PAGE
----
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Controlling Consciousness

Public Good Project

November 10, 2015

by Jay Taber

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The role of public relations (PR) in producing ‘discursive monoculture’ is currently in vogue with communication scholars. As an instrument of social control, the goal of PR is to dominate discourse, and to keep out alternative views.

Using PR, the donor elites in the US — MacArthur, Ford and Open Society foundations — set the civil society agenda. Human rights indicators — set by governments, NGOs and civil society — thus reflect the interests and bias of ‘the power elite’.

Access to communication technology and services is one obstacle to democratic renewal; overcoming the obstacle of communication gatekeepers requires that they be recognized as such. There are no neutral players in the netwar of ideas about privatization.

Consumers remain largely unaware that investigative journalism in mainstream media is extinct. Corporate and government public relations agents have filled the void with propaganda posing as news.

Wall Street’s vertical integration of controlling consciousness is based on five components: ownership of media, fabrication of news, integration of advertising with state propaganda, financing of foundations and brokerages, and co-option of NGOs and grassroots groups.

 

[Jay Taber is an associate scholar of the Center for World Indigenous Studies, a correspondent to Forum for Global Exchange, and a contributing editor of Fourth World Journal. Since 1994, he has served as communications director at Public Good Project, a volunteer network of researchers, analysts and activists engaged in defending democracy. As a consultant, he has assisted indigenous peoples in the European Court of Human Rights and at the United Nations. Email: tbarj [at] yahoo.com Website: www.jaytaber.com]

 

 

FURTHER READING

Charms of Naomi: the Mystique of Mass Hypnosis

Communication: the Invisible Environment

A Culture of Imbeciles

Dependence Limits Strategies

Distorting Reality

Illuminating Private Equity

The Point of Protest

Welcome to Netwar

Message Force Multipliers

A Culture of Imbeciles

February 12, 2015

 

In May 2011, Pro Publica ran an article by John Sullivan titled ‘PR Industry Fills Vacuum Left by Shrinking News Rooms’. The impetus for the article was the 2010 story of the year, the Gulf oil spill at BPs Deepwater Horizon offshore drilling platform.

Reporting from the U.S. Coast Guard hearing, New York Times investigative reporter David Barstow observed, “You would go into these hearings, and there would be more PR people representing these big players than there were reporters.”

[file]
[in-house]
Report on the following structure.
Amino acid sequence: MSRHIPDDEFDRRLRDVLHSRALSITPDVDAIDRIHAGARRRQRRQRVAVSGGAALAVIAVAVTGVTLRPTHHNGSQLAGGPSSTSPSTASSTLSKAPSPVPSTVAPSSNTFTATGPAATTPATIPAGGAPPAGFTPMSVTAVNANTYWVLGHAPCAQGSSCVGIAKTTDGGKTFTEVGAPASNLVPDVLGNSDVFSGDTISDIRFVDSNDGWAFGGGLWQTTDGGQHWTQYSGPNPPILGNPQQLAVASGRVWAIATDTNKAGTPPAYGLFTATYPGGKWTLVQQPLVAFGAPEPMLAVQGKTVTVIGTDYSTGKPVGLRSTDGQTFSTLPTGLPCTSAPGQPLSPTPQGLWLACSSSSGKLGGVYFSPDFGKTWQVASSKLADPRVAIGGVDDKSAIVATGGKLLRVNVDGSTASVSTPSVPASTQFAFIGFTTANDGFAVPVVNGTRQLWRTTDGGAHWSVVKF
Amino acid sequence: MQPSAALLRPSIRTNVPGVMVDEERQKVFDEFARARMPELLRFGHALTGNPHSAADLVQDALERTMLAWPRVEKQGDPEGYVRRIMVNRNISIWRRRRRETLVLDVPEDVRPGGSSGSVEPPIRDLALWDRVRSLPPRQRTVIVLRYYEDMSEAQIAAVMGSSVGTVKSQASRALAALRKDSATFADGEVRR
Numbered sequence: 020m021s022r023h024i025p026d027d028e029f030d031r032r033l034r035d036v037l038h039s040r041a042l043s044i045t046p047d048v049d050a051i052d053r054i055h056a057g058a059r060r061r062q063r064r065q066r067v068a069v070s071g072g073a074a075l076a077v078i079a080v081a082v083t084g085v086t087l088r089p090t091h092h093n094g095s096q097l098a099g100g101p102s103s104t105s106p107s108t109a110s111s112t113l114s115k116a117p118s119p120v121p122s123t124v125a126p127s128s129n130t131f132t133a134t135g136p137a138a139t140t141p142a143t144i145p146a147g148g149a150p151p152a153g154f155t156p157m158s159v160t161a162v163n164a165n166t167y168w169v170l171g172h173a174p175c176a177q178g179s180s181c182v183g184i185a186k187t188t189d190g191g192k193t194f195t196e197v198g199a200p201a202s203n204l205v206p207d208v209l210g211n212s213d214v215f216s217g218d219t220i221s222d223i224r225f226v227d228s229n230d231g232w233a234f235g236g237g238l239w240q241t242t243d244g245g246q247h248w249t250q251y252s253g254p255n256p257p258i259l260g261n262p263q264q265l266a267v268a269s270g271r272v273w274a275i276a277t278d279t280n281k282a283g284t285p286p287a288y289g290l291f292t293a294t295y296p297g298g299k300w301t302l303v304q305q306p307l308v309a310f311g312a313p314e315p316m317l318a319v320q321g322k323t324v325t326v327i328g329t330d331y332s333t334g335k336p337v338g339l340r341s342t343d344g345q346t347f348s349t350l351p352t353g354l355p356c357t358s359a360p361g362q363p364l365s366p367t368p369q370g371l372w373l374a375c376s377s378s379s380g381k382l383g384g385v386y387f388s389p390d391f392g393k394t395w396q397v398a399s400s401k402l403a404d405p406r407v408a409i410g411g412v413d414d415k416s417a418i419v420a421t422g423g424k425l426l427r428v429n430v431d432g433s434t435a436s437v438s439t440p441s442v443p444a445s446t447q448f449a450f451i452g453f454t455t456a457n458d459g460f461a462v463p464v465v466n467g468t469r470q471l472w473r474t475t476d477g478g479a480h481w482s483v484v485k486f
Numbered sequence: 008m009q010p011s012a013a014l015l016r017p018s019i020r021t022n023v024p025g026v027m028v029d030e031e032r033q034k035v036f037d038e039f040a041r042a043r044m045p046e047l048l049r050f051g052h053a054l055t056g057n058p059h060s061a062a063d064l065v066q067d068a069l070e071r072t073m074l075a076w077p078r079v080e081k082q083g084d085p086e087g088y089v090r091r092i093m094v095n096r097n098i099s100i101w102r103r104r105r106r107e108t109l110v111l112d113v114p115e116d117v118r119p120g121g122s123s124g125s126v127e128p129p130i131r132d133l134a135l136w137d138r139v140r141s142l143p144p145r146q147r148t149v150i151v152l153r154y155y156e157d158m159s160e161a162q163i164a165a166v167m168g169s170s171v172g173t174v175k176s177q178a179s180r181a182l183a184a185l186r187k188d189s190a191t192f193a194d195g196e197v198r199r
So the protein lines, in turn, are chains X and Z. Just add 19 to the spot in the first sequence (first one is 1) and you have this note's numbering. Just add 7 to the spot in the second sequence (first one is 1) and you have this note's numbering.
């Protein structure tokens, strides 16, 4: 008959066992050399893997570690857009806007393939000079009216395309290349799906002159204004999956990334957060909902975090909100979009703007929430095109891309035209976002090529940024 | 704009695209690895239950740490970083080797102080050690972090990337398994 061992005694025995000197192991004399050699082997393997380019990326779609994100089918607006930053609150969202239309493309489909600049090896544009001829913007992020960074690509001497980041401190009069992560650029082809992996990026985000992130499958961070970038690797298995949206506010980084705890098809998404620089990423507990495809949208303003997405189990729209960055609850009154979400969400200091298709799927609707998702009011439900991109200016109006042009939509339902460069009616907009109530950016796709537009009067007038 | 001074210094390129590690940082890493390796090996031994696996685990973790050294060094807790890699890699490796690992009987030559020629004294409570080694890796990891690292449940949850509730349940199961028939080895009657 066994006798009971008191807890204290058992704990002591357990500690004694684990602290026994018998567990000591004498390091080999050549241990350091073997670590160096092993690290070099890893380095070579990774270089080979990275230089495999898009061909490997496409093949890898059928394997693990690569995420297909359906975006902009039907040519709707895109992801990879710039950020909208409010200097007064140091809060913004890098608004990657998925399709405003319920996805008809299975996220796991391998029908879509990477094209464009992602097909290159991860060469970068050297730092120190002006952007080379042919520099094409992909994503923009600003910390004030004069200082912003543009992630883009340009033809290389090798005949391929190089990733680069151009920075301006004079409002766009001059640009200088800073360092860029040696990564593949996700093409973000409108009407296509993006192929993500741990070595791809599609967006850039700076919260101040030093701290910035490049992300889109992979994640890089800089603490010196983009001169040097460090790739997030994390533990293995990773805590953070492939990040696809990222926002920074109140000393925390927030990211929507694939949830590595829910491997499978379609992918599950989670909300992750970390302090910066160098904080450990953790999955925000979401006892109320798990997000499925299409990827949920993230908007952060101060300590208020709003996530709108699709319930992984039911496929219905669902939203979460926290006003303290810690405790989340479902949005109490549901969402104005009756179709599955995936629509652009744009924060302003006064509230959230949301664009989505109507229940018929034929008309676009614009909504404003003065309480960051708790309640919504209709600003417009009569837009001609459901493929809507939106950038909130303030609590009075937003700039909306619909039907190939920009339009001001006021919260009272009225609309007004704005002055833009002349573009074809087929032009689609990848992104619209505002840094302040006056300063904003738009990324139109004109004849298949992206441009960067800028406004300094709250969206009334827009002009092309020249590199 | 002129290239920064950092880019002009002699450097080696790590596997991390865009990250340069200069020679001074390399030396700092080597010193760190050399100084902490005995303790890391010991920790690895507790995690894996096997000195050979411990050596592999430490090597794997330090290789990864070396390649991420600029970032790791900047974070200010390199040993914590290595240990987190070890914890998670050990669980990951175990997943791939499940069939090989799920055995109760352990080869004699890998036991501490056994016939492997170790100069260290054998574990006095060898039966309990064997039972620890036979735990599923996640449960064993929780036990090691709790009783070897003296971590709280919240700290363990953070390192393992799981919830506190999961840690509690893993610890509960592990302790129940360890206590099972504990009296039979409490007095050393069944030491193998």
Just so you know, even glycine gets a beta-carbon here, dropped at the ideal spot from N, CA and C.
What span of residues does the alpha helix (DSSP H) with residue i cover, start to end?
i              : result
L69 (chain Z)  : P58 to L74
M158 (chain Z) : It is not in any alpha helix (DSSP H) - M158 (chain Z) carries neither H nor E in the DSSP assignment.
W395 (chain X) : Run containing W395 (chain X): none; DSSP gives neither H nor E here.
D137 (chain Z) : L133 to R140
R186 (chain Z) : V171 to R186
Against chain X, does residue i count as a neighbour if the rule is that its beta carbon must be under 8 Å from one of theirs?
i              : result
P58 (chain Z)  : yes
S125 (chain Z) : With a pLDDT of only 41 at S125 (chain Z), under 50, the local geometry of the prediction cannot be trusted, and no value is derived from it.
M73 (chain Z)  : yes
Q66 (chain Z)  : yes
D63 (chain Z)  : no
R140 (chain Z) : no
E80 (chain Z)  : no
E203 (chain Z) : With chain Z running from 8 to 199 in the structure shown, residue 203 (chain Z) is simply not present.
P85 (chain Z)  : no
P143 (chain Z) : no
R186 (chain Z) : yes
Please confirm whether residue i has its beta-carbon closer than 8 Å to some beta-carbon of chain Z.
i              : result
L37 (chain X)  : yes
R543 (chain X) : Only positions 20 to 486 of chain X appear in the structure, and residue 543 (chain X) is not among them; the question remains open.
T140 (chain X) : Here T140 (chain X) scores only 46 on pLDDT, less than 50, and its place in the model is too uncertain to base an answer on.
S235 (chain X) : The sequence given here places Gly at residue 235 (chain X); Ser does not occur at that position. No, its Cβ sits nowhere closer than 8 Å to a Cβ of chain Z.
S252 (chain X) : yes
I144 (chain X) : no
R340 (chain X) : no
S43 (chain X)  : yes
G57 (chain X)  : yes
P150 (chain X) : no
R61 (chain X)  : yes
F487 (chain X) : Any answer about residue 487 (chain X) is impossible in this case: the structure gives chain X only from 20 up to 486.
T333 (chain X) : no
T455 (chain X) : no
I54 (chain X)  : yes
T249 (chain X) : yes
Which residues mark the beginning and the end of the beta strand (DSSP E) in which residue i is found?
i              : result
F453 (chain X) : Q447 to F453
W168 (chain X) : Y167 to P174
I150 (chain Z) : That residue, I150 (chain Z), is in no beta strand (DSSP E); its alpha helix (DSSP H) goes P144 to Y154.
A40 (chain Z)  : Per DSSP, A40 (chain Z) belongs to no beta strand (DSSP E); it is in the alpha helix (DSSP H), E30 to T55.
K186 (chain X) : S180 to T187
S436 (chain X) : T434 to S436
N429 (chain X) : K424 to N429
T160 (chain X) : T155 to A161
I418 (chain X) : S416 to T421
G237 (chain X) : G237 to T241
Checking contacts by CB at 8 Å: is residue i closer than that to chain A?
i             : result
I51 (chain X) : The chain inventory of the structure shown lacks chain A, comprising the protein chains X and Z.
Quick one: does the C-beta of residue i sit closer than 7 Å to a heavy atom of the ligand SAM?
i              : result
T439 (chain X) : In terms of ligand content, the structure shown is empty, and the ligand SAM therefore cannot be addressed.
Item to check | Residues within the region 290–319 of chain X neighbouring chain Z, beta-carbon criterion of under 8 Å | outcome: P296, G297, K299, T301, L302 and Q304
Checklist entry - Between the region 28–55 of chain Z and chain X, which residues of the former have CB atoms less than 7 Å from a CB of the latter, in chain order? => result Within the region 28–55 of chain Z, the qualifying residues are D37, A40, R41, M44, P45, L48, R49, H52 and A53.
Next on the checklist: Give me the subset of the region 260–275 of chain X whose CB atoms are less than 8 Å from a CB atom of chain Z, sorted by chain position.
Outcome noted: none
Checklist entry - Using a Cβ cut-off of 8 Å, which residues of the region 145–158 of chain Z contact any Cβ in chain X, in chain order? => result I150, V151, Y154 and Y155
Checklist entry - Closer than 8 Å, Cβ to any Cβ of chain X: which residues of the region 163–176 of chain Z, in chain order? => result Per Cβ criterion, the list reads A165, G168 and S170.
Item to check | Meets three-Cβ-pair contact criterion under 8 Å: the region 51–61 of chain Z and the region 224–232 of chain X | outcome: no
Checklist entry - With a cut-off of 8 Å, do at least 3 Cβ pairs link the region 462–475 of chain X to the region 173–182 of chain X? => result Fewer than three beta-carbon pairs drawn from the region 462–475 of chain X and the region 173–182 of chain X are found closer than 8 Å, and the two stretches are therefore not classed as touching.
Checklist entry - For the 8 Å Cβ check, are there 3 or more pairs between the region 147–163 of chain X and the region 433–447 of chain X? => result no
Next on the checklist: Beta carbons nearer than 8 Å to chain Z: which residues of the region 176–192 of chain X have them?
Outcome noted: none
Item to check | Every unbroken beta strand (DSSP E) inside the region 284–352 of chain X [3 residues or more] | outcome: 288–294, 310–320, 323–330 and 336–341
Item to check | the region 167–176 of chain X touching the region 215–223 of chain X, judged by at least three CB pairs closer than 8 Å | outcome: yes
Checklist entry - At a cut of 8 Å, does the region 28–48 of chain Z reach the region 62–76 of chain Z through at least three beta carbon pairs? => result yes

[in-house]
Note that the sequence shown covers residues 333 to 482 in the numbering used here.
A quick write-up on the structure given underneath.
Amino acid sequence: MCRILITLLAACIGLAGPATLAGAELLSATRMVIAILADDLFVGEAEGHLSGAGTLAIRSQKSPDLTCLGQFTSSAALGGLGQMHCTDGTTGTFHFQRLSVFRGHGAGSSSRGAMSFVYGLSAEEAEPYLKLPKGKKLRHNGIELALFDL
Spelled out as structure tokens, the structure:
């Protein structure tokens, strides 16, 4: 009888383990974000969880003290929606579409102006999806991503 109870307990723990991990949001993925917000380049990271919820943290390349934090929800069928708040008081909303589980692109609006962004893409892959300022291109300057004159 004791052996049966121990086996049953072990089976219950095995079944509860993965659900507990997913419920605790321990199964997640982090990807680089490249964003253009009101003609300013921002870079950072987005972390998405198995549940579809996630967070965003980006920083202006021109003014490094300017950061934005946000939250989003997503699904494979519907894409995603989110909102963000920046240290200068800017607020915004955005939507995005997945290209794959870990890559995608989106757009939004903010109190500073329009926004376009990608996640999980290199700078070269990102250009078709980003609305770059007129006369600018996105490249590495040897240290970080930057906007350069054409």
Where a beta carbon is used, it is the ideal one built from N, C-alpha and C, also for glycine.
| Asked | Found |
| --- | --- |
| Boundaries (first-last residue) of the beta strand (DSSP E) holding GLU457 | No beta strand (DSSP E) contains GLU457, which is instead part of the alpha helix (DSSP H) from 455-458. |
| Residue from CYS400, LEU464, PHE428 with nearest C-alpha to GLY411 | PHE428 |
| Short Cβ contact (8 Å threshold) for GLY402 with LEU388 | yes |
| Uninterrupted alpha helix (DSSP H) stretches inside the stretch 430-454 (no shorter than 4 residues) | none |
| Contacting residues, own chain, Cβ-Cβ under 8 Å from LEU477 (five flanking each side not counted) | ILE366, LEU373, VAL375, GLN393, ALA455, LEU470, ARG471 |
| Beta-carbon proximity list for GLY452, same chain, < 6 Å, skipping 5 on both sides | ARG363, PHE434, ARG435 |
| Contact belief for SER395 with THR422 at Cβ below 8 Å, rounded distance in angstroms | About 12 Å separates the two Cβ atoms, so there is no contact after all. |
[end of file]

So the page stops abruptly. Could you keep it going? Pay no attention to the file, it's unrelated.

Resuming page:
Data from the U.S. Bureau of Labor Statistics show that as of 2008 there were three times as many PR people in the US as there were journalists–a shift from 1980, when the numbers were roughly equal. According to the American Society of News Editors, the number of newspaper reporters and editors peaked at 56,900 in 1990, and by 2011, dropped to 41,600. As media critic Robert McChesney observed, “We are entering a zone that has never been seen before in this country.”

Public Relations is now used by government and industry to influence public opinion on everything from consumerism to militarism. As a result, the number of original news stories is down, and many stories are now generated by government agencies and PR people working hand-in-hand. As a retired editor of the Washington Post remarked, the Internet makes it easy for public relations people to reach out directly to the audience.

As PR Watch reported in 2006, television news now airs video news releases created by corporate and government PR people, within broadcast stories posing as original news. Appearances on TV by PR-coached “experts” are coordinated as “message force multipliers.” Front groups funded by the oligarchy make it difficult for reporters to sort out.

As an example of the influence of PR, the health insurance industry paid the U.S. Chamber of Commerce $86.2 million to fight public health care. The Chamber, in turn, paid for ads that ran in 21 states. As the senior VP of communications at the Chamber noted, they also set up coalition groups to push the message online and in the press.

One of the areas the Chamber targets is college campuses. It even hosts video competitions on Facebook.

Video: A short film created by Henderson Shorter for Radical Media – taught by Mark Tribe at Brown University, Department of Modern Culture and Media (2009)

 

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